The gymnasium was filled with people, all here to watch us. Like an ocean, the seats flowed all the way to the back doors. I never saw a graduation ceremony or expected to be apart of one; yet, here I stood about to walk across the stage. My friends Kate and Jeremy were peering out the curtains with me, waving at their families.
My own mother was sitting near the middle, a good seat in front of where we would be receiving our diplomas.She was alone with an empty seat to her right- he wasn’t gonna show. I always knew he wouldn’t, but my heart still hurt in that moment. My mother noticed me and grew a smile. She waved and mouthed a hello. I did the same, and retreated back behind the curtains.
Everyone was chatting to each other, excited and nervous. There was almost fifty graduates in our year, one of the largest graduating classes in the history of Davenport. Since it was a small town,
everybody knew each other and almost all of us got along. I felt a hand tap my shoulder.
“You’re really rocking that gown.” It was Mrs. Fortosky, my band teacher. She helped me so much in school, earning her the spot of favorite teacher in my book. “You've really progressed these past three years! You seem so grown up now.”
I threw my arms around her in joy, as we both laughed. “I have you to thank for that.”
We let go and stood back. “It was your hard work that got you here.”
Her eyes stared at me with pride, and I could see tears starting to shed. They were tears of joys, but I still felt myself starting to cry because of them. I knew it’d be awhile before I’d get to visit from University.
It was strange, moving by myself away from this town. I thought about that first day, when my mother first drove us here. Those feelings that day were bitter. I hadn’t wanted to stay, but now I didn’t want to leave. In four years, this place became home to me.
The ceremony began, so Mrs. Fortosky took her seat out on the stage, with her colleagues. Principal Larson stood and walked to the podium to give his speech.
“Welcome, and thank you for attending Davenport High’s graduation ceremony this year. I would like to say a congratulations to all the students who will be receiving…”
His voice began to trail off as I began to think about the moments to come. I’d be the sixth person out, which I already felt unprepared for, but that wasn’t what had me worried. The papers in my pocket seemed to get heavy as I thought more about it. Valedictorian, a honor given to only one student from the graduation class, and that just happened to be me.
Almost three months ago, I was nominated for the position. With the help of Mrs. Fortosky, I wrote an excellent speech for the voting session. Yet, the actual speech I would be giving had to be written by myself, because it needed to come from the heart. So I was nervous that nobody would like it.
As the anxiety began to grow, I began to get sweaty. That’s when I shook myself back to reality.
“Now let us begin with giving out the diplomas. Mrs. Fortosky will be handing the diplomas to our graduates this afternoon.” As Mr. Larson finished, an eruption of applause echoed throughout the gym.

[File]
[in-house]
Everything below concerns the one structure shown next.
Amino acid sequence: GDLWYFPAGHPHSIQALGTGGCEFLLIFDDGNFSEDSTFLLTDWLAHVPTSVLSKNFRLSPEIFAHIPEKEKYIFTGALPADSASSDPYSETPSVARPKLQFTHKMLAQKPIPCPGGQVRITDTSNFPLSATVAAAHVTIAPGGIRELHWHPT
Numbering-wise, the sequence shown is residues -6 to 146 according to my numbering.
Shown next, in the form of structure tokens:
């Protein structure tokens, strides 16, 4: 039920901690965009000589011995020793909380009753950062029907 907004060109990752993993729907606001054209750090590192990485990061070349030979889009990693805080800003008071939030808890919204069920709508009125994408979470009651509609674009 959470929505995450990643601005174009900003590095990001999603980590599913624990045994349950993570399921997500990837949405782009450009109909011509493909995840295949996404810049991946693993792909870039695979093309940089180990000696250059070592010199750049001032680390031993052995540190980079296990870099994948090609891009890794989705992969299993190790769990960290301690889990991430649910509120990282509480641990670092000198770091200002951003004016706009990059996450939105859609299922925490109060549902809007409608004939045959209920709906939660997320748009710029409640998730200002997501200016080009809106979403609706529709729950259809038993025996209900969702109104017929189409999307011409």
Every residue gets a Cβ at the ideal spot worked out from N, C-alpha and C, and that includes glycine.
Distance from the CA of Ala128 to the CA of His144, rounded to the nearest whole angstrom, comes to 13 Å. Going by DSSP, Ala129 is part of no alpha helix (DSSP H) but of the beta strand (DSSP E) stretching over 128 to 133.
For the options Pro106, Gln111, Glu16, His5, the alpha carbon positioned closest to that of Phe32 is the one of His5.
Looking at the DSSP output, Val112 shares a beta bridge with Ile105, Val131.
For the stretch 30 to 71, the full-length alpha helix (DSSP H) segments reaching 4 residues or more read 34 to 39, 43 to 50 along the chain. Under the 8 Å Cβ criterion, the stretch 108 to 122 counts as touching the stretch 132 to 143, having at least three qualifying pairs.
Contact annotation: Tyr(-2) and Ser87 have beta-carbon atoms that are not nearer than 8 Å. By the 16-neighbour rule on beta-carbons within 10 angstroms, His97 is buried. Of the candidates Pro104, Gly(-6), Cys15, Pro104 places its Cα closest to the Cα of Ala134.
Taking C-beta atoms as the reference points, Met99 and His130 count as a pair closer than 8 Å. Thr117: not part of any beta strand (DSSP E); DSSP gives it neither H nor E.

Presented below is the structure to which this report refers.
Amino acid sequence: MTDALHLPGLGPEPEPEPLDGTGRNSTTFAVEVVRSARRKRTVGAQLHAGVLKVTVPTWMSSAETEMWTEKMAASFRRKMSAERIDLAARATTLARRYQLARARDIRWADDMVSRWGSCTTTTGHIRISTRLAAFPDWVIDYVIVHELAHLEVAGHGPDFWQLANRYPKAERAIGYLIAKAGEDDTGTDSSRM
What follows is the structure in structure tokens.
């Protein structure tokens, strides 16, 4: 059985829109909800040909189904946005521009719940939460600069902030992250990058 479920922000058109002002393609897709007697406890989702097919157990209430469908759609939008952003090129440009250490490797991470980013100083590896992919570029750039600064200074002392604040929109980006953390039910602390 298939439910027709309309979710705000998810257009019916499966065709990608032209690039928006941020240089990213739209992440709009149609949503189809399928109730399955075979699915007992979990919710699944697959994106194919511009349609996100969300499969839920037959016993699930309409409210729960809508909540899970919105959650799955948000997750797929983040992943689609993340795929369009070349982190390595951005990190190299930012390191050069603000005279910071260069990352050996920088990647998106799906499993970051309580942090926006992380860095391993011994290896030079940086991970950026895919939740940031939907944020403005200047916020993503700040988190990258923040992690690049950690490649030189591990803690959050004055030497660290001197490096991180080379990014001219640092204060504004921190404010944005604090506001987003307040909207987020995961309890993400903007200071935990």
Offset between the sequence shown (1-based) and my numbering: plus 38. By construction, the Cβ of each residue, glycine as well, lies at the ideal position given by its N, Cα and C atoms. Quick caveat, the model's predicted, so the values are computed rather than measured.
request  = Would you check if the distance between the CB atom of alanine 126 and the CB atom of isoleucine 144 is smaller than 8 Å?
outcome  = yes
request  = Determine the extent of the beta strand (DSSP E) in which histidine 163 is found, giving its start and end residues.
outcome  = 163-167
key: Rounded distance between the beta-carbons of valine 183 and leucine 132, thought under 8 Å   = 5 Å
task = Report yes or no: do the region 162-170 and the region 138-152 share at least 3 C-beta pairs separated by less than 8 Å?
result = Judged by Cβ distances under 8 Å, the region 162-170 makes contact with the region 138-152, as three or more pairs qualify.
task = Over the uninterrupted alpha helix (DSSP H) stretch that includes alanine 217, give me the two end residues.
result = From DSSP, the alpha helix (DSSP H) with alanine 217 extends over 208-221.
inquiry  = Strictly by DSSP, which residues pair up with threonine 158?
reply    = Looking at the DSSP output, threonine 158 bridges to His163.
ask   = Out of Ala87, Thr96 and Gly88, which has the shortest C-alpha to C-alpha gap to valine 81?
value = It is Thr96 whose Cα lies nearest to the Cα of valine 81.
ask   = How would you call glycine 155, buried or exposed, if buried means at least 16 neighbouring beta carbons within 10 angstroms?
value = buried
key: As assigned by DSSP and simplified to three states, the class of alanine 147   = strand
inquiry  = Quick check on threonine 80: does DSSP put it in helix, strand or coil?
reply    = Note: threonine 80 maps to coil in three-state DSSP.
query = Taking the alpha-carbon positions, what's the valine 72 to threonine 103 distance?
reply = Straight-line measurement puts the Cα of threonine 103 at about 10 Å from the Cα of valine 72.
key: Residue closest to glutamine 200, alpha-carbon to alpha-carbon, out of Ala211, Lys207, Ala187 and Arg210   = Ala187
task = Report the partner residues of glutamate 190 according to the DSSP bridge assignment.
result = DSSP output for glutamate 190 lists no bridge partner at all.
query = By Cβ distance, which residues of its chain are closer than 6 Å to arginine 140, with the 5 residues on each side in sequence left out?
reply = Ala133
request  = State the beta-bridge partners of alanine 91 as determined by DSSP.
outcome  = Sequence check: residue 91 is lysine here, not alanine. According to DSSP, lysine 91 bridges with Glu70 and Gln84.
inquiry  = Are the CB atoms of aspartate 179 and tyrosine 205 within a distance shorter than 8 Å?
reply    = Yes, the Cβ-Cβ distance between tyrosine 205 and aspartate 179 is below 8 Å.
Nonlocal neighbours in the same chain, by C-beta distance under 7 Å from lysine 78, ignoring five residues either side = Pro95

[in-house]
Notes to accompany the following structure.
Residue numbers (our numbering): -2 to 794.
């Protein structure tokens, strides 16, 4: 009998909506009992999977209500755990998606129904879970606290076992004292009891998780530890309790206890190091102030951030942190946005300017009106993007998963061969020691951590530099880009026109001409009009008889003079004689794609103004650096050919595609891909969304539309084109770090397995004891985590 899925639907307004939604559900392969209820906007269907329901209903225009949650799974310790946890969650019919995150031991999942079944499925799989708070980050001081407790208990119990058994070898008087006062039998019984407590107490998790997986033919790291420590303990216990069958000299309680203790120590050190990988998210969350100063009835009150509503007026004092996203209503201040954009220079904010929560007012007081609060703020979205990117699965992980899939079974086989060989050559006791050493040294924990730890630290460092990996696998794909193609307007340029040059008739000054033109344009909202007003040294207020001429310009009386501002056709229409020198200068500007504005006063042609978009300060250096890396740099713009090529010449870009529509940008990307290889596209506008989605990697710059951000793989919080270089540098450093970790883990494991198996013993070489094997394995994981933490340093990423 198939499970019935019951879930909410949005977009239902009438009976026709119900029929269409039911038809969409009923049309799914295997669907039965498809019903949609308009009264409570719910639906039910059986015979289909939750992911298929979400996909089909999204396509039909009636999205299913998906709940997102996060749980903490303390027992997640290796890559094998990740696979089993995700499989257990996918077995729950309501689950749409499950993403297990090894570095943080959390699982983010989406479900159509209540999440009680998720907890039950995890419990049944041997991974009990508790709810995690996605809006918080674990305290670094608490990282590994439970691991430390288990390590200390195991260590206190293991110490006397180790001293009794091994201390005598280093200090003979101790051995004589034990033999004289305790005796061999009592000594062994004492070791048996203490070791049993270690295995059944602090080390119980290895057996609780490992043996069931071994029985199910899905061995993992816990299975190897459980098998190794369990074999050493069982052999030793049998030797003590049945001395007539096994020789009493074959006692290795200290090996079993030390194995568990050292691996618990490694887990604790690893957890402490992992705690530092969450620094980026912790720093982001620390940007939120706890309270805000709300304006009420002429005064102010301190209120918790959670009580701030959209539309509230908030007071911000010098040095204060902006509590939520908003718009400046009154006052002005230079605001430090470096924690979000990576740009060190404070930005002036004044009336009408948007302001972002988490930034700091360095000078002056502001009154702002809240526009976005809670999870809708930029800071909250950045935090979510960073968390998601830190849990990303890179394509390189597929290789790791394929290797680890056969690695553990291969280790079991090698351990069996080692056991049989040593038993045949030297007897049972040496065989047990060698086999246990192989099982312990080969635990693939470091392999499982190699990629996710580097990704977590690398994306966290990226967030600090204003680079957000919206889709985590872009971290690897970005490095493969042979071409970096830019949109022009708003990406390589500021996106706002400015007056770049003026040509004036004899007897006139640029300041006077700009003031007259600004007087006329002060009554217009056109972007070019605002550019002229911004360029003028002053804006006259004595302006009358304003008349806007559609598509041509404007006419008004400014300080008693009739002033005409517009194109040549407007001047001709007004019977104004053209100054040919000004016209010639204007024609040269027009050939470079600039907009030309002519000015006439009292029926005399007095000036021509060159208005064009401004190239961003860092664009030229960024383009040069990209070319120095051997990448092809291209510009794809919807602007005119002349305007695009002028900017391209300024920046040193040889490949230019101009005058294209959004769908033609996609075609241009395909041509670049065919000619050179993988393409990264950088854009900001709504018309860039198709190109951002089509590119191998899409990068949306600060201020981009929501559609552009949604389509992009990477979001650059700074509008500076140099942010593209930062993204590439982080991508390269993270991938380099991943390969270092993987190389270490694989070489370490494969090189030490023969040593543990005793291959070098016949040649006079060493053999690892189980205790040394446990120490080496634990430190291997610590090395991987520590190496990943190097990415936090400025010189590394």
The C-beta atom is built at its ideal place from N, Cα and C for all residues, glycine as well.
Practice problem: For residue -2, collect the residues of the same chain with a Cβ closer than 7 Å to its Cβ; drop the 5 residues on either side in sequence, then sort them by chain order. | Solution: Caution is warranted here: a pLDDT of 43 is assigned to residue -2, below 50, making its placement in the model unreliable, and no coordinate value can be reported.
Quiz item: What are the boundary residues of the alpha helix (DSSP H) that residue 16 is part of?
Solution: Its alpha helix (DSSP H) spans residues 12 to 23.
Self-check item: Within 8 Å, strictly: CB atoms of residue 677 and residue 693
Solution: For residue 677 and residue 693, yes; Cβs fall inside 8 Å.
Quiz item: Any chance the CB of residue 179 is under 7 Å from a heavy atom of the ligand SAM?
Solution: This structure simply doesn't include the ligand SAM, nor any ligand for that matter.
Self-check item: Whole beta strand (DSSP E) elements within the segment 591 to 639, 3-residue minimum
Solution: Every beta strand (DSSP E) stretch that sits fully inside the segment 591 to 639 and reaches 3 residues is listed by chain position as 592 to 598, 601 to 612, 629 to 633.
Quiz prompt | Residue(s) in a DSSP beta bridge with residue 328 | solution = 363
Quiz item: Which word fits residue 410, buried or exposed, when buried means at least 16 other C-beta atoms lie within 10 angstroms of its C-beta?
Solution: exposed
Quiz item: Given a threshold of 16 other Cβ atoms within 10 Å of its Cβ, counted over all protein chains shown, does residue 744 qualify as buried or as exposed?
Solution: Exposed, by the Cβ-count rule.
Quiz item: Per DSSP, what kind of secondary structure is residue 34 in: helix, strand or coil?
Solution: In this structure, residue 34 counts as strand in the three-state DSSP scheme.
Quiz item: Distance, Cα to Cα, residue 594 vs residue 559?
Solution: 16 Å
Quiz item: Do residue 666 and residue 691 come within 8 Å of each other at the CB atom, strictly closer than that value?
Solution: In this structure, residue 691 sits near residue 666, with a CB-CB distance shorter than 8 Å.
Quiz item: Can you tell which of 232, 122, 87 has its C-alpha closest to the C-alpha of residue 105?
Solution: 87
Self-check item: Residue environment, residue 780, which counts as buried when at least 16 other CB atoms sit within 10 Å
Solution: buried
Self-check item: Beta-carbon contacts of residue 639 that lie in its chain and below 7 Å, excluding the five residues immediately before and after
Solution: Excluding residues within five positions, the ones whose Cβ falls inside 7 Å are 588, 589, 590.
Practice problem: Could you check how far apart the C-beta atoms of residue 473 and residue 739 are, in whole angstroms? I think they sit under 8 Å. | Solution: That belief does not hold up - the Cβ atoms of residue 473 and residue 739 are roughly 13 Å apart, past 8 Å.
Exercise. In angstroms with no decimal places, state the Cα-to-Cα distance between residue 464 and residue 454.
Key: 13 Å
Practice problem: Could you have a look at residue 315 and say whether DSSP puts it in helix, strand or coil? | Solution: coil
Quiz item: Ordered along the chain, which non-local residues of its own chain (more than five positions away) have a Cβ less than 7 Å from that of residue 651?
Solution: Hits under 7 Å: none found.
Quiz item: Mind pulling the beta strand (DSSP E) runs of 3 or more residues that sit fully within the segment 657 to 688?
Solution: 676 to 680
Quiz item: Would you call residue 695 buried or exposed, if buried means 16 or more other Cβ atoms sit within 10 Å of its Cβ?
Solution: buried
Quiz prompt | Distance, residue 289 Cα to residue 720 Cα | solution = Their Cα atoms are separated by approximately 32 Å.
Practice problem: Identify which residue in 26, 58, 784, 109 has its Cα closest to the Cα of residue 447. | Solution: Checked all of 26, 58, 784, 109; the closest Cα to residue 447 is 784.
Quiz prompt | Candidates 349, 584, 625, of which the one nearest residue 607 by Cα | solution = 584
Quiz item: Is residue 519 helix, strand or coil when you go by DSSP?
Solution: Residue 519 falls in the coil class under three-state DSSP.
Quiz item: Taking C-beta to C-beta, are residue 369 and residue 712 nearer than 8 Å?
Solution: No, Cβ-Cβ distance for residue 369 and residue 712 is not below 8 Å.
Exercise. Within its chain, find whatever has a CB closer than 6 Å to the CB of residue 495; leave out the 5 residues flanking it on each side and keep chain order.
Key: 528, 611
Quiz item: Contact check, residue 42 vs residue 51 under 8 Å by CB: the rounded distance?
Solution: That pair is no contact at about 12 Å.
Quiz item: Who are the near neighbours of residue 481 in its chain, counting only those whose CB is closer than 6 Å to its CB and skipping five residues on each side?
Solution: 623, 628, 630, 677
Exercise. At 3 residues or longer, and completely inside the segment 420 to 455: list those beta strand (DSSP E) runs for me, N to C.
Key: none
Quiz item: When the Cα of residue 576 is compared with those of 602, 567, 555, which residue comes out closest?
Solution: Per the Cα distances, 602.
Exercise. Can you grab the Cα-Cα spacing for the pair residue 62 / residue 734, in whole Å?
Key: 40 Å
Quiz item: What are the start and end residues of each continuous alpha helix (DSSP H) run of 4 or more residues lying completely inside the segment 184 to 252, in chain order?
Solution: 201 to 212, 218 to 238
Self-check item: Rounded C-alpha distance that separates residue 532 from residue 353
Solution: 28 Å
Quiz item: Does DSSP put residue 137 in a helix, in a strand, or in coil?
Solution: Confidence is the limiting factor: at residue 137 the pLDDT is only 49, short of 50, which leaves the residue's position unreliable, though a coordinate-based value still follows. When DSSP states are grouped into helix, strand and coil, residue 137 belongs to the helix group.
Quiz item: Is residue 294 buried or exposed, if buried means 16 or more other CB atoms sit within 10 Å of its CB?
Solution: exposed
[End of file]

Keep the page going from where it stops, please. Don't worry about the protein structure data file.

They began calling names, and one by one the people in front of me started to go out. Before too long, I stood next and it felt like time slowed down. Forever seemed to pass until I was finally called.
I swallowed the lump that formed in my throat, collected my mind together, pushed out through the curtains. Hundreds of eyes peered, as I walked towards Mrs. Fortosky. Each step felt like an effort. My legs felt weak, but it passed as I reached her. She passed me the Diploma with one hand, and shook my hand with the other. Before I left, she pulled me in a bit closer.
“I’m proud of you.”
A stupid grin grew across my face, and a sense of accomplishment took away any other nervous feelings. I moved of the stage, and took a seat beside the other graduates at the very front. As each name was called, I clapped with the crowd, but I clapped harder when Jeremy and Kate came out. Finally the last person was called out.
“Ladies and gentlemen,” Mr Larson said, giving a warm smile, “I give you the graduating class of 2030.”
Another round of applause erupted through the gym, but unfortunately, we didn’t have caps to toss into the air. Yet, the ceremony was not over, and when the cheering died down.
“Now, I would like to call on the graduation class’ valedictorian. She has shown excellence throughout her years here, and has overcome challenges that would have made school difficult. So please join me in welcoming back to the stage, Erin Lalla.”
With a long deep breath, I stood back up. The clapping slowly disappeared from hearing as I moved back to the stage. It seemed like a moment of clarity had come to me, and everything drowned out from that moment. I reached the stage and shook Mr. Larson’s hand. As I turned to the crowd, I still felt deafened to everybody. Was I going to be able to talk?
After a moment of silence, I found my courage.
“Good afternoon,” I began, smiling as all the memories of the past four years flooded back to me, “parents, family, friends, teachers, and honoured guests. Thank you for coming out today.”
I I closed my eyes to breathe again. At that moment, my hearing seemed to return. I heard the door to the gymnasium open, someone late to the graduation arrived.
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